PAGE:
Individual Chapter 11 fact: You can always cram down your car

29 Oct Individual Chapter 11 fact: You can always cram down your car

In Chapter 13, if you want to retain your vehicle, you cannot alter the principle amount owed on the vehicle if you bought it within 910 days of the filing of the bankruptcy petition. This is notoriously known as the “hanging paragraph” of Bankruptcy Code § 1325(a).

However, the individual Chapter 11 debtor is not bound by the “hanging paragraph,” meaning any vehicle with negative equity, regardless of when it was purchased, is subject to valuation and cram down under Chapter 11. Furthermore, those high interest rates get crammed down too!

For example, let’s say that in 2008, Joe the Plummer rolled $5,000 of negative equity into a new 2008 Chrysler Town & Country Limited minivan, paying a total of $38,500. He financed it for 6 years at 8%, with payments of $675 per month. Over the life of the loan, he will pay $48,602 for the vehicle.

Eighteen (18) months later, when Joe files a bankruptcy to reorganize his debt, the minivan has 25,000 miles on it. Assuming he’s two months behind on the payments, he owes the bank about $31,650 including late fees and costs. Remember, he has already paid $10,848 on this loan.

The Kelly Blue Book value of the vehicle is $20,375.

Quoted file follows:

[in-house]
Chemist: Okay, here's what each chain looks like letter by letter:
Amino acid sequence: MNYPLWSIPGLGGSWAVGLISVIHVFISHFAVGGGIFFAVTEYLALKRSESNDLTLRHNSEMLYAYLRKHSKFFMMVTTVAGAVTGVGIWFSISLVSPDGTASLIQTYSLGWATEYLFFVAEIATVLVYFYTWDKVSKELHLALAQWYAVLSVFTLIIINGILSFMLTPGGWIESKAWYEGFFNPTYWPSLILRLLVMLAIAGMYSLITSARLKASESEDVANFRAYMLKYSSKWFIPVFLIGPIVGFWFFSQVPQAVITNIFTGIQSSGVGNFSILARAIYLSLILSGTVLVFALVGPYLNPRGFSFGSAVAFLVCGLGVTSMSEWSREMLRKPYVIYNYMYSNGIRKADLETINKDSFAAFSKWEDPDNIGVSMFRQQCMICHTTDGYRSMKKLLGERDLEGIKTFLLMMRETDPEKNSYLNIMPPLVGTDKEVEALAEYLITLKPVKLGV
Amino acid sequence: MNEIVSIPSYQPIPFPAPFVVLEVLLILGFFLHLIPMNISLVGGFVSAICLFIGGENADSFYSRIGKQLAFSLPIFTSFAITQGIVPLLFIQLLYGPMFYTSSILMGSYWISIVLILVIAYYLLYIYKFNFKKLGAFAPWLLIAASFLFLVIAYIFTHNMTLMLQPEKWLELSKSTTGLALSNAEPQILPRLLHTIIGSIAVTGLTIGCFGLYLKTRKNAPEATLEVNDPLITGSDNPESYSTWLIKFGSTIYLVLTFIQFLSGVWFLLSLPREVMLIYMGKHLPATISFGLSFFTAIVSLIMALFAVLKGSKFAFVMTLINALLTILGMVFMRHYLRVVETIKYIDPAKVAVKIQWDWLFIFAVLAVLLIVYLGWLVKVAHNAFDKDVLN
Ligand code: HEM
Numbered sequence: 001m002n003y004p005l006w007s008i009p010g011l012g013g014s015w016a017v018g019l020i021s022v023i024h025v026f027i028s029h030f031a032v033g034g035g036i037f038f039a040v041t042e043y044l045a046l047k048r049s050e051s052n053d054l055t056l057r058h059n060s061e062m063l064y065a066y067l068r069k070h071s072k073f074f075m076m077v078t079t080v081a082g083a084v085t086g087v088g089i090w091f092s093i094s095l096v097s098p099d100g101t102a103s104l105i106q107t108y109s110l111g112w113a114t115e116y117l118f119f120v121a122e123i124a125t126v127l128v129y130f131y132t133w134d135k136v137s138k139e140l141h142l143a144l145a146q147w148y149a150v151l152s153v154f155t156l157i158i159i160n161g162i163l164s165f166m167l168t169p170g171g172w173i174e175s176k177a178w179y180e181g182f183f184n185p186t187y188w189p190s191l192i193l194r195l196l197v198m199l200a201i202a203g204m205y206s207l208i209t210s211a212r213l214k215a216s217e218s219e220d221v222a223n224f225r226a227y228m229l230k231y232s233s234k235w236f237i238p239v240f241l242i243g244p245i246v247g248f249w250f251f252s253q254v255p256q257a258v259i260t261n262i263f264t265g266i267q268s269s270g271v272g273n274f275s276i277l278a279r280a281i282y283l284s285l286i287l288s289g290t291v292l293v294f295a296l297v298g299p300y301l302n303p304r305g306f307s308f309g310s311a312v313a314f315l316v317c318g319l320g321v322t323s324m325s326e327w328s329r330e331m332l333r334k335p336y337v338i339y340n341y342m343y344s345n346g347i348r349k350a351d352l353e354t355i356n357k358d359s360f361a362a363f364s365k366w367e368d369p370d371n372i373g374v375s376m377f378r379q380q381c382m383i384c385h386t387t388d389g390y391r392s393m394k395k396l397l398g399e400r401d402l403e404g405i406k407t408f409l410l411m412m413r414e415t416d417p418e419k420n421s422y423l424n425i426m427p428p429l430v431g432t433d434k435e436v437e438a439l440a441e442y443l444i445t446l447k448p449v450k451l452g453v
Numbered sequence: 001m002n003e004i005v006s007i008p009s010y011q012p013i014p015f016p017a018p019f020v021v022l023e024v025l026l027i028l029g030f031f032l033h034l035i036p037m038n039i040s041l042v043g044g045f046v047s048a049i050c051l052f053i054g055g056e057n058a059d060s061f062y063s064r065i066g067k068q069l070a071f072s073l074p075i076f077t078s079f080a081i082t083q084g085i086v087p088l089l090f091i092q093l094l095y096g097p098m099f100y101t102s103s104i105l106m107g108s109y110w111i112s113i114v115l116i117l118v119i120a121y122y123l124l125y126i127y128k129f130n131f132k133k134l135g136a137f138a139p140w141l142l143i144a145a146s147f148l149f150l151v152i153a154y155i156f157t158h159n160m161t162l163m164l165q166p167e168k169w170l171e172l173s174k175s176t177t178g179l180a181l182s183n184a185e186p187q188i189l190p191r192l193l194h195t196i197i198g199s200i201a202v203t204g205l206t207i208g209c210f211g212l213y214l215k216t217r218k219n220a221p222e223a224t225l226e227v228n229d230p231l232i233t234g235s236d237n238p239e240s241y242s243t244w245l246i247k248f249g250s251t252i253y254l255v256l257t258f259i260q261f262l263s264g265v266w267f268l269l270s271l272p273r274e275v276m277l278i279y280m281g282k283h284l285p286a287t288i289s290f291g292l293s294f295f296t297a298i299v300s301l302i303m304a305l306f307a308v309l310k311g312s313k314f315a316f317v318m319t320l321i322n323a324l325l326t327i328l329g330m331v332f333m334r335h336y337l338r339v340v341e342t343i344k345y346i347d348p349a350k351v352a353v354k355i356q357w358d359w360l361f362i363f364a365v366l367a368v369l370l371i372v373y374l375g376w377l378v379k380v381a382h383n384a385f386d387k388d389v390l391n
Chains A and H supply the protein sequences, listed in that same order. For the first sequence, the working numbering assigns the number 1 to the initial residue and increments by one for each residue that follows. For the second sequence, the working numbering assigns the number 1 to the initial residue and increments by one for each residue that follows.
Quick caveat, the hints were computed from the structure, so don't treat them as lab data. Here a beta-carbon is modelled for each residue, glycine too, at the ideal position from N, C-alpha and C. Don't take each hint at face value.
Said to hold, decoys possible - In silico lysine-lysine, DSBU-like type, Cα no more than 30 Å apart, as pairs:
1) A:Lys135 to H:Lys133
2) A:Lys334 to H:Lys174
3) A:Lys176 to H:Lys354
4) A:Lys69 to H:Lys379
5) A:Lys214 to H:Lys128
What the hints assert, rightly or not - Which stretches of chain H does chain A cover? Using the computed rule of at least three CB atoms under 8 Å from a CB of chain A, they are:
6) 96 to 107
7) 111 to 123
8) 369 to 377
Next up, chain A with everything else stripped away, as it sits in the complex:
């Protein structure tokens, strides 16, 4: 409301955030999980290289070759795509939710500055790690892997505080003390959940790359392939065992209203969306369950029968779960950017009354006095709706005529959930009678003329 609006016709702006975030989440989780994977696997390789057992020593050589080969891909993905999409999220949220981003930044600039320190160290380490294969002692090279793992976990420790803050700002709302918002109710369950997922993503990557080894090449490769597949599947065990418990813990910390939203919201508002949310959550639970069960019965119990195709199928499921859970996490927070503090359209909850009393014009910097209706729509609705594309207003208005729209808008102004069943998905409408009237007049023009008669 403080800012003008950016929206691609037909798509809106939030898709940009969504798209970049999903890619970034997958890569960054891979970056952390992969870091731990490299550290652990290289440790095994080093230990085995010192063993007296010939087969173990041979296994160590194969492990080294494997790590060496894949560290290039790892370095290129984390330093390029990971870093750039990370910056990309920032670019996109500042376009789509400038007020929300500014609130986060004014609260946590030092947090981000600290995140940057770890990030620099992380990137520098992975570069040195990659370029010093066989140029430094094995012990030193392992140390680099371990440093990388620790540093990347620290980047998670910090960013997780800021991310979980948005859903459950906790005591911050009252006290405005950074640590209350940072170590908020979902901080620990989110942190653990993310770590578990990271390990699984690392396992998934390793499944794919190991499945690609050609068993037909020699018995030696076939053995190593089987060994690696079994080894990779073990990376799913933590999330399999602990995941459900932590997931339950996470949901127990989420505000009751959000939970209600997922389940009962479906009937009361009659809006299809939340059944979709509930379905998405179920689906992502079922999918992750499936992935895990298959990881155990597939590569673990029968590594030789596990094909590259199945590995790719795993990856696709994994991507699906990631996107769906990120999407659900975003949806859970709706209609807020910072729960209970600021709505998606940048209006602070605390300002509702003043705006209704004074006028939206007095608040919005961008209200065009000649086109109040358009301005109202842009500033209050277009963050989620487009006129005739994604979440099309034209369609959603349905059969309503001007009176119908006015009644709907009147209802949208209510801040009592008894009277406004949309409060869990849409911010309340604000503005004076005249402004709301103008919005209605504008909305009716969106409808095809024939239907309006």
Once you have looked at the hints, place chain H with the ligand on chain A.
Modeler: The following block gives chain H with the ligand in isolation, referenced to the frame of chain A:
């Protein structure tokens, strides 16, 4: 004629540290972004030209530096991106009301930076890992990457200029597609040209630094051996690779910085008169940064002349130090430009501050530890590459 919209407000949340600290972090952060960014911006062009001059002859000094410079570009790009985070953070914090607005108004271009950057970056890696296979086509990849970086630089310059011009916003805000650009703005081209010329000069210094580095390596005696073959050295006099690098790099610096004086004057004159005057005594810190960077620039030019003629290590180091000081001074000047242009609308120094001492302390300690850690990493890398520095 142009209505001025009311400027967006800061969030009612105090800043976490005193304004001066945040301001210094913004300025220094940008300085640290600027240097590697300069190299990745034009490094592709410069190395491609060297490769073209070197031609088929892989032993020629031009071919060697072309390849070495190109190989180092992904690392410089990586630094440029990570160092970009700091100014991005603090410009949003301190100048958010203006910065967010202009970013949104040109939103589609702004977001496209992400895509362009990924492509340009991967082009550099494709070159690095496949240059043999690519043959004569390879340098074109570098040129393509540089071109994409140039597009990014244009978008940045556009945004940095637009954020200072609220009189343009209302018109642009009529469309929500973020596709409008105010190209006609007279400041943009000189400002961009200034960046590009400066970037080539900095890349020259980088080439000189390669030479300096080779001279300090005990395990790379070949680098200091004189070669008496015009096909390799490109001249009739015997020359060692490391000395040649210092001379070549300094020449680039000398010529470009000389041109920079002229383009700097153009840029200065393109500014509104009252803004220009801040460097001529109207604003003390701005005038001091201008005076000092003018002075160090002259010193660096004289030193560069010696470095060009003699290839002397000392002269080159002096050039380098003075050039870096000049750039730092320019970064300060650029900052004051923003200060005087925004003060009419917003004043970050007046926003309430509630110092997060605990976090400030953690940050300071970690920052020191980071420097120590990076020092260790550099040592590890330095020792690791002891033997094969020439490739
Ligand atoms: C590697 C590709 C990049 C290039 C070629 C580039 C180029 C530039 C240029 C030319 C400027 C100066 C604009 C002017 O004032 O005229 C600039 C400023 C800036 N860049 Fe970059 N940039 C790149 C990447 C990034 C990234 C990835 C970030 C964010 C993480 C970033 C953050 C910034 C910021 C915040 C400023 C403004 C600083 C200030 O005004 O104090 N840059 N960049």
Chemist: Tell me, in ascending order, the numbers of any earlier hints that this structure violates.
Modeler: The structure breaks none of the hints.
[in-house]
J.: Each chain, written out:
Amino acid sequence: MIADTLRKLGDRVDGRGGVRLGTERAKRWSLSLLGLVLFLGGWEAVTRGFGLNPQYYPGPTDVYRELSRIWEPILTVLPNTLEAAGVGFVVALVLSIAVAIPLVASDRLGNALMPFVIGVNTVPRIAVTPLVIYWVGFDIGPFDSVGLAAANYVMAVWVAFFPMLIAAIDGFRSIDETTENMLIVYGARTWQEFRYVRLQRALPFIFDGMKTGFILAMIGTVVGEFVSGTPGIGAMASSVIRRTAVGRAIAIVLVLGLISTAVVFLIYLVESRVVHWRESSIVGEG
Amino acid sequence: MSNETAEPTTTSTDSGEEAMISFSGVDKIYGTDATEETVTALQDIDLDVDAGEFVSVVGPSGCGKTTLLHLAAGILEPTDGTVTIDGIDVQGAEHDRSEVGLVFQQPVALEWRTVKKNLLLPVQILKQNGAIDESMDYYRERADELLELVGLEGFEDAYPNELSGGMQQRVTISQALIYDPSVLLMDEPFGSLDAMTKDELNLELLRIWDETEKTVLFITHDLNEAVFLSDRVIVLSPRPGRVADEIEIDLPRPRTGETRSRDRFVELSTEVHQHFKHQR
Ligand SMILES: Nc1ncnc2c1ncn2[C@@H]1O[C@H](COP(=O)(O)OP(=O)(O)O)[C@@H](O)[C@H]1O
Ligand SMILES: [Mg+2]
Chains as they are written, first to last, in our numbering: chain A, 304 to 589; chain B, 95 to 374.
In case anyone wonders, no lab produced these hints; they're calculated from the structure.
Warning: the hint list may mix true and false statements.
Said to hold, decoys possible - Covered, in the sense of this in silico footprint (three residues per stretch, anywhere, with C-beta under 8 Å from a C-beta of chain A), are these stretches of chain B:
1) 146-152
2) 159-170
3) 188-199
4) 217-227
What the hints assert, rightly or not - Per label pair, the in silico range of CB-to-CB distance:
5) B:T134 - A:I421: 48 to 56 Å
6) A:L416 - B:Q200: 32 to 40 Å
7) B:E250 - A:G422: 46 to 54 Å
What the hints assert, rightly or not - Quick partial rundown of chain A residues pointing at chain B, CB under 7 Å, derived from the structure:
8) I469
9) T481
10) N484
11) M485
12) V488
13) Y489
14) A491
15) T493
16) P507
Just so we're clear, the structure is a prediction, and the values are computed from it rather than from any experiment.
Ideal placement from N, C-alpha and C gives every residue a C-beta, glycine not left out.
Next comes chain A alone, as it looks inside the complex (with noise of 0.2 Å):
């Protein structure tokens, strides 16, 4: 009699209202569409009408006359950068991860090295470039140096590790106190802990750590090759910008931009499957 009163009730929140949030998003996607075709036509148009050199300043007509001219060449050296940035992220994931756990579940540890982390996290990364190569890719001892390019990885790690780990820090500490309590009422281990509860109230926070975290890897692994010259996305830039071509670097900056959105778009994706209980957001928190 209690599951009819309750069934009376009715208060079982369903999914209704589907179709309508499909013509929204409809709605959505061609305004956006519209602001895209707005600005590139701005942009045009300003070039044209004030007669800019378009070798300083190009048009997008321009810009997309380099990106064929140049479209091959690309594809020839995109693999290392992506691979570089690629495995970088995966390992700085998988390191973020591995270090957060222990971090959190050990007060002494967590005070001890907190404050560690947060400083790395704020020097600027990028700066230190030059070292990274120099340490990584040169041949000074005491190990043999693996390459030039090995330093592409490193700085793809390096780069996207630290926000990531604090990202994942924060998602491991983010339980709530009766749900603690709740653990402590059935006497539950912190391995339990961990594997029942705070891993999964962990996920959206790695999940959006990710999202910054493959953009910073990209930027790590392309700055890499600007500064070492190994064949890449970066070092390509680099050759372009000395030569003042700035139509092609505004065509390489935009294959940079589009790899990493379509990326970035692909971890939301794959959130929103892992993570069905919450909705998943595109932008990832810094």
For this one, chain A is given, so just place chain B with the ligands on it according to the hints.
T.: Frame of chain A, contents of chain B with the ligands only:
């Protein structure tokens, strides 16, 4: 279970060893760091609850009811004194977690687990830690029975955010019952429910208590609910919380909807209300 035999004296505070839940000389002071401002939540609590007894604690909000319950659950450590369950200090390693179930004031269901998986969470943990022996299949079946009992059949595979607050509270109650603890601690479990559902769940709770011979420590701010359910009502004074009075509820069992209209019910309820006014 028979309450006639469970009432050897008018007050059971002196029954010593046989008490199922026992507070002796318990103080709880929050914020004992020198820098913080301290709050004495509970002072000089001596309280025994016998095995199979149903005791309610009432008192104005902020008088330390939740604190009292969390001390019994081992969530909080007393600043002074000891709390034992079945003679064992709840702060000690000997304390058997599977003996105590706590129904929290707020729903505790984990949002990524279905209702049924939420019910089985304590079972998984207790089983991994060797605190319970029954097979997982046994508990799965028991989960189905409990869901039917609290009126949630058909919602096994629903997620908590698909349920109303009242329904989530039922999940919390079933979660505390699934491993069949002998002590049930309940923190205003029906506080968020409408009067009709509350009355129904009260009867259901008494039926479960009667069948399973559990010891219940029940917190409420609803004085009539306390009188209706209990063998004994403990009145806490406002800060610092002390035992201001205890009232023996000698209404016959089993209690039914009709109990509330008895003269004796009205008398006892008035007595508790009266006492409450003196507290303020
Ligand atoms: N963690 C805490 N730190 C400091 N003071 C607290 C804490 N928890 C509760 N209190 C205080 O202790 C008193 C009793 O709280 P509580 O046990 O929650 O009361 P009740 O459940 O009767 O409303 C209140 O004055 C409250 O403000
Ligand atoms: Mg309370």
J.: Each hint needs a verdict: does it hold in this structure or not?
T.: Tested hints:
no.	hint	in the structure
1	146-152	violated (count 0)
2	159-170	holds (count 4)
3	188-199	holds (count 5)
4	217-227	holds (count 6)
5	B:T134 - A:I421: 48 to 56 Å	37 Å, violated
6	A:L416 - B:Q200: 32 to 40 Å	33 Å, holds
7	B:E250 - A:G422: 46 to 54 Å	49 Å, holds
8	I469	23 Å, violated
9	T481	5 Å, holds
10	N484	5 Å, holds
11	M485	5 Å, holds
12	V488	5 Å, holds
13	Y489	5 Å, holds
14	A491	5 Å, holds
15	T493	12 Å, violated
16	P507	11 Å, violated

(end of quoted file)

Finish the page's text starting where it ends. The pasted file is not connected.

If Joe file a Chapter 13:

Since he is subject to the “hanging paragraph” of 1325(a), Joe can’t cram down the value of the Chrysler. He will reamortize $31,500 at 5% over 60 months. Payments are $595 to the creditor PLUS $59.50 to the Chapter 13 trustee (10% in the Middle District of FL). Total payments equal $39,236.40.

Considering the $10,848 Joe has already paid, he is paying a total of $50,084.40 for the vehicle. This is NEARLY $2,000 MORE than not filing bankruptcy!

However, if Joe files an Individual Chapter 11:

Since cram down is permissible, Joe will reamortize $20,375 at 5% over 60 months. Payments are $384.50 PLUS NO TRUSTEE FEE. Total payments equal $23,070.00. When added to the $10,848 Joe has already paid, he is paying a total of $33,919 for the vehicle.

Numbers don’t lie. The Individual Chapter 11 would save Joe a whopping $16,165.40 versus filing a Chapter 13. Even if the additional attorney fee and filing fee is $11,000, Joe STILL SAVES more than $5,000 on this one item alone.

Just think how much Joe would save if he needed to cram down two cars.

But wait, there’s more . . .

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Chip Parker is the managing partner of Parker & DuFresne, P.A., where he represents Northeast Florida businesses and consumers facing bankruptcy, and homeowners facing foreclosure. His firm files more homeowners in the Mortgage Modification Mediation Program than any other law firm in Northeast Florida. Parker is the recipient of Jacksonville Area Legal Aid's prestigious Award for Outstanding Pro Bono Service. Mr. Parker is an active member of the National Association of Consumer Bankruptcy Attorneys and National Association of Consumer Advocates.
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